After rainfall in the swathes of desert from West Africa to India, plants begin to grow and desert locusts scuttle to their newfound food supply. As the solitary insects congregate to eat what little vegetation is available, they can quickly turn into dangerous and destructive plagues.
To prevent these small groups from becoming crop-consuming swarms that black out the horizon and devastate national food supplies, scientists observe vegetation growth, track locust movements and population and spray pesticides to avert disaster.
Desert locusts inhabit about 20 per cent of the earth’s land surface. Preventing swarms in this massive tract of arid land seems nearly impossible, but modern science has revolutionized how the locusts are monitored and treated, and drones are the newest technological addition to the world’s locust-fighting arsenal.
The UN’s Food and Agriculture Organization (FAO), which is tasked with monitoring desert locusts, has partnered with HEMAV, a civil society drone technology company, to integrate drone technology in locust prevention and treatment.
The four year development plan, which started in 2016, culminates at the end of 2019 with the dispatch of drone sets to most of the 30 countries that deal with desert locusts.
According to the HEMAV website, the drones will be equipped with high definition visual sensors and thermal cameras. They can map potential outbreak areas and monitor vegetation and groups of gathering locusts.
Without careful monitoring, those seemingly harmless groups can turn into “carpets of nymphs that march across the desert and these swarms of adults that look like clouds and block out the sun,” Keith Cressman, FAO’s senior locust forecasting officer, told The National.
Mr Cressman says the desert insect’s ravenous appetite makes it one of the most dangerous locust species on the planet.
They migrate from the desert in towards habitable land, devouring any vegetation in their path. A swarm the size of Rome - a relatively small swarm, he says - can eat the same amount of food as half of Italy’s population in one day.
“If they can find these concentrations and treat them, then we prevent the swarms from forming and we prevent plagues from occurring,” he said.
Methods for tracking and treating locusts have developed significantly since the FAO started monitoring the insects in the 1950s.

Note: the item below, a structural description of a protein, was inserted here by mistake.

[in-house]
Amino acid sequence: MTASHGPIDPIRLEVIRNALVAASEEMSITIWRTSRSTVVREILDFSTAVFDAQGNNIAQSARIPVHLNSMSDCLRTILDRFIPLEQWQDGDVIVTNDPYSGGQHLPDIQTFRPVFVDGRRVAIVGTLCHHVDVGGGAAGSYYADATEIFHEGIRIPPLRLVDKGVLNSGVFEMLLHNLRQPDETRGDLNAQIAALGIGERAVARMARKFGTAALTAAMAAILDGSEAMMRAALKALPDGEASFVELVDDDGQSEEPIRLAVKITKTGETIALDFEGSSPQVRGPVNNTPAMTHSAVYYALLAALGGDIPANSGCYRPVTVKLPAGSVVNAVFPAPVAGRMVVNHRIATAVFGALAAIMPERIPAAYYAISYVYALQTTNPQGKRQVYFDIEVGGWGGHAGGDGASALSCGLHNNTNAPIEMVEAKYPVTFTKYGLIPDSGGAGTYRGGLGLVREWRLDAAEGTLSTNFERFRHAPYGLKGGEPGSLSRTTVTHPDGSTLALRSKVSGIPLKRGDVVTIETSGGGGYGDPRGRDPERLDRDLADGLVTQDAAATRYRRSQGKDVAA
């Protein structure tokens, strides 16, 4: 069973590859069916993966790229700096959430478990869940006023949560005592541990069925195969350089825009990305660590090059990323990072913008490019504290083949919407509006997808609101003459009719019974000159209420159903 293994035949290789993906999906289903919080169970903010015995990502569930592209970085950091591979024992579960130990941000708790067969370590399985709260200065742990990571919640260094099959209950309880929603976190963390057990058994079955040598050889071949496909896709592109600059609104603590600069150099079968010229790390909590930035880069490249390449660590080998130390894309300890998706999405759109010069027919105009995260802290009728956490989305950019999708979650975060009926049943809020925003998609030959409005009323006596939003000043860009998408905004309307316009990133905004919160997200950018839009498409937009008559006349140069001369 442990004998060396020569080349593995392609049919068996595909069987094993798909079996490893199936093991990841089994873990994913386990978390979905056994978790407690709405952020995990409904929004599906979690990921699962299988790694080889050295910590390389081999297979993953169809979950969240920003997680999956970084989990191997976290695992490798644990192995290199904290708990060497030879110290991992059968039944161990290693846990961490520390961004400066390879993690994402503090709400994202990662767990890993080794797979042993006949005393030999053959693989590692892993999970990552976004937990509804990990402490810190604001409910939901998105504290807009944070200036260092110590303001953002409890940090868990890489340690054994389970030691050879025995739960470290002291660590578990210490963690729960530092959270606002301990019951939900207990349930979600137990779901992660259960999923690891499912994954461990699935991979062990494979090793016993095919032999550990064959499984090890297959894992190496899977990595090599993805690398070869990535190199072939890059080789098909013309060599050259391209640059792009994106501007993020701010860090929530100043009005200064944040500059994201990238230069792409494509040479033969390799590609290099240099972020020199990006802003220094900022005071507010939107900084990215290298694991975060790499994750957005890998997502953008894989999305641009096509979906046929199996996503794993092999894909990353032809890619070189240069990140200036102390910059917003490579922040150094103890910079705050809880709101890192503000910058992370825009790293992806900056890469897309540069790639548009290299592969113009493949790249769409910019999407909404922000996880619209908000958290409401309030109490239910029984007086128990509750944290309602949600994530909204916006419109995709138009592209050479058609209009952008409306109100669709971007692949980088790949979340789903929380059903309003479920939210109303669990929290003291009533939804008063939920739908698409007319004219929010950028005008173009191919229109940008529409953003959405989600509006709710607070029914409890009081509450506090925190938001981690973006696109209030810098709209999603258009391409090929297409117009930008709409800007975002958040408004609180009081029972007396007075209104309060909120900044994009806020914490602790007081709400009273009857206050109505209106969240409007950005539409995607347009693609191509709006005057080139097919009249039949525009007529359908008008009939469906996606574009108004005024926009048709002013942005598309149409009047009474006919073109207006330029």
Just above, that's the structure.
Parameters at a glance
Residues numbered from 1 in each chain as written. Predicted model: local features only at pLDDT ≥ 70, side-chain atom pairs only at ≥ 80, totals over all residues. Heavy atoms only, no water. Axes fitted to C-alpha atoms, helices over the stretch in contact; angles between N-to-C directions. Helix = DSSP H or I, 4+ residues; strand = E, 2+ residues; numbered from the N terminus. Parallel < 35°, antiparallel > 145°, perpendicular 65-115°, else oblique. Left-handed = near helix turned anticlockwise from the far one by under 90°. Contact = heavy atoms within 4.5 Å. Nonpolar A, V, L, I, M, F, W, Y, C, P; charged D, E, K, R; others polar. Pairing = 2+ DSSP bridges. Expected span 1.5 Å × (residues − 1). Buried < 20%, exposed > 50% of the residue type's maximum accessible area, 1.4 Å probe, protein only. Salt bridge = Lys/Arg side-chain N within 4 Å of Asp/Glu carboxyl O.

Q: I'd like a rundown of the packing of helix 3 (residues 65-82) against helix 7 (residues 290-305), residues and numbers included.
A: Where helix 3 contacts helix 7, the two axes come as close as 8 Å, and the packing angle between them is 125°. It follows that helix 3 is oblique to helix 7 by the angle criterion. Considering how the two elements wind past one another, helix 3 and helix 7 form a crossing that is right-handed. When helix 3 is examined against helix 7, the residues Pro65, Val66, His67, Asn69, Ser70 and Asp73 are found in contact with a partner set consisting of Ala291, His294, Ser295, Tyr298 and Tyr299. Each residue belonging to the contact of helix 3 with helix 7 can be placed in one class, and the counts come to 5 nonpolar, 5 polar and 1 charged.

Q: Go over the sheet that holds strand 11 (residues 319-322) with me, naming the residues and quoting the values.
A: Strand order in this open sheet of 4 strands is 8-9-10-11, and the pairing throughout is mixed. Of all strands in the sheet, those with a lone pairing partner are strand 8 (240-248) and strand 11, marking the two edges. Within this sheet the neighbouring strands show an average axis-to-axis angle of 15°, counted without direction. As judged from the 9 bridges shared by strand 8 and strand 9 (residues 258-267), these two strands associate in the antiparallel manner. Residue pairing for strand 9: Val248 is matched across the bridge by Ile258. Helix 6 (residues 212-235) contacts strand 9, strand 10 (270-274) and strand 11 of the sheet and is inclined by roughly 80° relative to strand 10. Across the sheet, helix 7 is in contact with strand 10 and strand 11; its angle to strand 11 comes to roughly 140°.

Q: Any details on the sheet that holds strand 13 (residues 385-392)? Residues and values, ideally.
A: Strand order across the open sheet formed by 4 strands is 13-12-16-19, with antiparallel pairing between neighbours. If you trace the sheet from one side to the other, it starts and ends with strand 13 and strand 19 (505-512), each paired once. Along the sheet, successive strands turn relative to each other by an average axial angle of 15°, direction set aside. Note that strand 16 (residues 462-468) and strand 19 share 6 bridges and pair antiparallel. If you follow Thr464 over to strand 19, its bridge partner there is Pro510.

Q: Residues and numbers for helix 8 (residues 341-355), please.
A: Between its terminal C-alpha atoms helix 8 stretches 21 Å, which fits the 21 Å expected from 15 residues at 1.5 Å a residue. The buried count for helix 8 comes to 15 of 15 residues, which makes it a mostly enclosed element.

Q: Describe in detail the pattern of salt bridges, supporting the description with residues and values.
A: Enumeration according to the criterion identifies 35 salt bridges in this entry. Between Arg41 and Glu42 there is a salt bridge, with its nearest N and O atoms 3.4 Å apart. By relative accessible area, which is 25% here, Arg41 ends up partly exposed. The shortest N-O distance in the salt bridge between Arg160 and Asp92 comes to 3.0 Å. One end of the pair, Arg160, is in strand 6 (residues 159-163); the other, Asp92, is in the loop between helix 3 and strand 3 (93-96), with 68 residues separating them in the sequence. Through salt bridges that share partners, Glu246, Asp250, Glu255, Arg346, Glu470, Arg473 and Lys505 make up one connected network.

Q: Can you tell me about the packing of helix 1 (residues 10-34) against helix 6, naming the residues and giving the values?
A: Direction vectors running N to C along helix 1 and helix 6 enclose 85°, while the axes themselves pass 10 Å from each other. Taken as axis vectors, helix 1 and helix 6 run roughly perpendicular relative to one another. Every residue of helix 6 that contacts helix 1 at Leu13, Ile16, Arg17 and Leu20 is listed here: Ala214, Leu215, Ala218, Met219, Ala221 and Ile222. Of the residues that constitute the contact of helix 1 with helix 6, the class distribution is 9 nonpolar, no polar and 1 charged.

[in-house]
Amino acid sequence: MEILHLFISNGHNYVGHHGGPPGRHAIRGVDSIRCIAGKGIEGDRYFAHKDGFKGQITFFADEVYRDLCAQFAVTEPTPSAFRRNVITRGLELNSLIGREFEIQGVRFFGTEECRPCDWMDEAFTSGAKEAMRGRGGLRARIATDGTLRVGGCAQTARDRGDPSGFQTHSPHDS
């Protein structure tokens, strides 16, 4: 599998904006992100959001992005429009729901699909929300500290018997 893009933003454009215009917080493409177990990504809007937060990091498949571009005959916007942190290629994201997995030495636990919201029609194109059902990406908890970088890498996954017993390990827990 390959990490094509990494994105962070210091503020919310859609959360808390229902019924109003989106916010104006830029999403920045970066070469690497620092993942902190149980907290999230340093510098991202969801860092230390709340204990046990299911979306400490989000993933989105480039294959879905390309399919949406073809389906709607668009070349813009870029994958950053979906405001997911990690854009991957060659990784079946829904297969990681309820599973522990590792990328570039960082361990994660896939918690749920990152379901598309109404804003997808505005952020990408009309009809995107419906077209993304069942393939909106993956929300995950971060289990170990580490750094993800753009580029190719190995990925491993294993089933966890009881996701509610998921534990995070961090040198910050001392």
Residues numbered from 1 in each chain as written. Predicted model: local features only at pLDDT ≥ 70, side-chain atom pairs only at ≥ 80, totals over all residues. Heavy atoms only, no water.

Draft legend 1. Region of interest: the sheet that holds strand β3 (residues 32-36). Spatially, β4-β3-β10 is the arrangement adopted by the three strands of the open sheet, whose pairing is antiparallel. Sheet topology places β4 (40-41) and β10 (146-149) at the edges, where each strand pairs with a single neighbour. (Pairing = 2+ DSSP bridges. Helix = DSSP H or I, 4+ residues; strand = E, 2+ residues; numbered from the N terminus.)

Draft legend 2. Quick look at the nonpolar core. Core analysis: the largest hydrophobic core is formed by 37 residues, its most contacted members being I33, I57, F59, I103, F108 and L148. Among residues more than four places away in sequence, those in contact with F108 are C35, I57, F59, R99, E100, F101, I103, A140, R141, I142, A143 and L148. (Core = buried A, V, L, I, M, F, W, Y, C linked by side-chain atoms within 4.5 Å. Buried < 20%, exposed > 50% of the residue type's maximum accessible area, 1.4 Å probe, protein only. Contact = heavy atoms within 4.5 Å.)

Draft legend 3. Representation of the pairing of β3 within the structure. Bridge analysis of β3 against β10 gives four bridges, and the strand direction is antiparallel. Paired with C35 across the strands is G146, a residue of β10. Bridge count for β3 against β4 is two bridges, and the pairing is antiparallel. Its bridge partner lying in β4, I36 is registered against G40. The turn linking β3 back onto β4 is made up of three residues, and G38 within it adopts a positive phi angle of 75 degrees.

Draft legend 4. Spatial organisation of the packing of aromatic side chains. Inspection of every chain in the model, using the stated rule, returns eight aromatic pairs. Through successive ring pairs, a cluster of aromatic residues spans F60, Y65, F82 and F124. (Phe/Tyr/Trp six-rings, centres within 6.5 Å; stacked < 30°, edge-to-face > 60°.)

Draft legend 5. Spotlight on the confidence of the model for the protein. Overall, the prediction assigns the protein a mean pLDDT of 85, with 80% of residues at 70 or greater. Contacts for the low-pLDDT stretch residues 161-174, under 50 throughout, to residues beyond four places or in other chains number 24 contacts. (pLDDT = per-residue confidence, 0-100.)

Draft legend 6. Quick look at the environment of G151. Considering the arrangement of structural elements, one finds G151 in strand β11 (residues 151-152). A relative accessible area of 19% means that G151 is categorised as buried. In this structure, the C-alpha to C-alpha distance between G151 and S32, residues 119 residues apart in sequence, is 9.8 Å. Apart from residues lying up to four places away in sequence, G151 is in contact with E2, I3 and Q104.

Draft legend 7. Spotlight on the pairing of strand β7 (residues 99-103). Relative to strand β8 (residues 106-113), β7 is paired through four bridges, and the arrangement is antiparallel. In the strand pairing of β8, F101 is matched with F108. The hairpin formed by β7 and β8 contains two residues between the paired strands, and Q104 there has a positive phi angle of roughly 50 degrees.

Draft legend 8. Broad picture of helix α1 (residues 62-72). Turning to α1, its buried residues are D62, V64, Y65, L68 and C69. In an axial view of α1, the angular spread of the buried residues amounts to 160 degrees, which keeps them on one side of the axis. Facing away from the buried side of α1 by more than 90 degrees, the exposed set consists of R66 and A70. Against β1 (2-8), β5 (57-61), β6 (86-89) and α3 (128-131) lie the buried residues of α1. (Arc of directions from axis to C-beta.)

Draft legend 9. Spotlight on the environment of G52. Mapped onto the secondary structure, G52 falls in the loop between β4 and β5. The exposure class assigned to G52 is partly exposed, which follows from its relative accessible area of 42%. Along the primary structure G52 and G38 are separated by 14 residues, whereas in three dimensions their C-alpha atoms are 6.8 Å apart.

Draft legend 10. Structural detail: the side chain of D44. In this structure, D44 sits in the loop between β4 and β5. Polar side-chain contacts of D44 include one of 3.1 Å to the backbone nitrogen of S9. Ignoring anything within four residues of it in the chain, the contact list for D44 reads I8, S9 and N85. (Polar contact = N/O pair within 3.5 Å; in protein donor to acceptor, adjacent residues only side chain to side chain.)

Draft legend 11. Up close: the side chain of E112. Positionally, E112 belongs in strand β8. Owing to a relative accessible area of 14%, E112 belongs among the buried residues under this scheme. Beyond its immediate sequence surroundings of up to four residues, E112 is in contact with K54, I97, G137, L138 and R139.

“In the past, they used to look for locusts on camel in the desert, and they used to write the information down in a note or letter that they would eventually send to the capital or to Rome and it would get here two or three months later,” Mr Cressman said.
Four-wheel drive vehicles have since replaced the camels, and GPS units, digital data loggers and satellites took over for the handwritten snail mail. Now, ground teams can send locust data in real time to their national office and FAO’s headquarters in Rome.
But satellite imagery is often untimely and low quality. Aerial surveys are costly and out of the question for poorer countries. Although vehicles have boosted the range of ground teams, increasingly unsafe conditions in many of the frontline countries have hampered prevention efforts.
Drones transmit their data instantly, cutting back on wait times. They are not only much more affordable than helicopters and airplanes, but drones also have the advantage of being unmanned.
If an outbreak is imminent or has already turned into a swarm, drones can be fitted with bio and chemical pesticides. Mechanical spraying is more precise, timely and efficient, but it’s also a safer option for humans.
“It would take the danger of using pesticides out of human hands and into the drone, so this would be much safer for the applicators and the people involved in control operations,” Mr Cressman said in an interview with HEMAV.
“We hope that the use of drones would make the monitoring of the locusts, which is so important for early warning, to be much more efficient and much more effective.”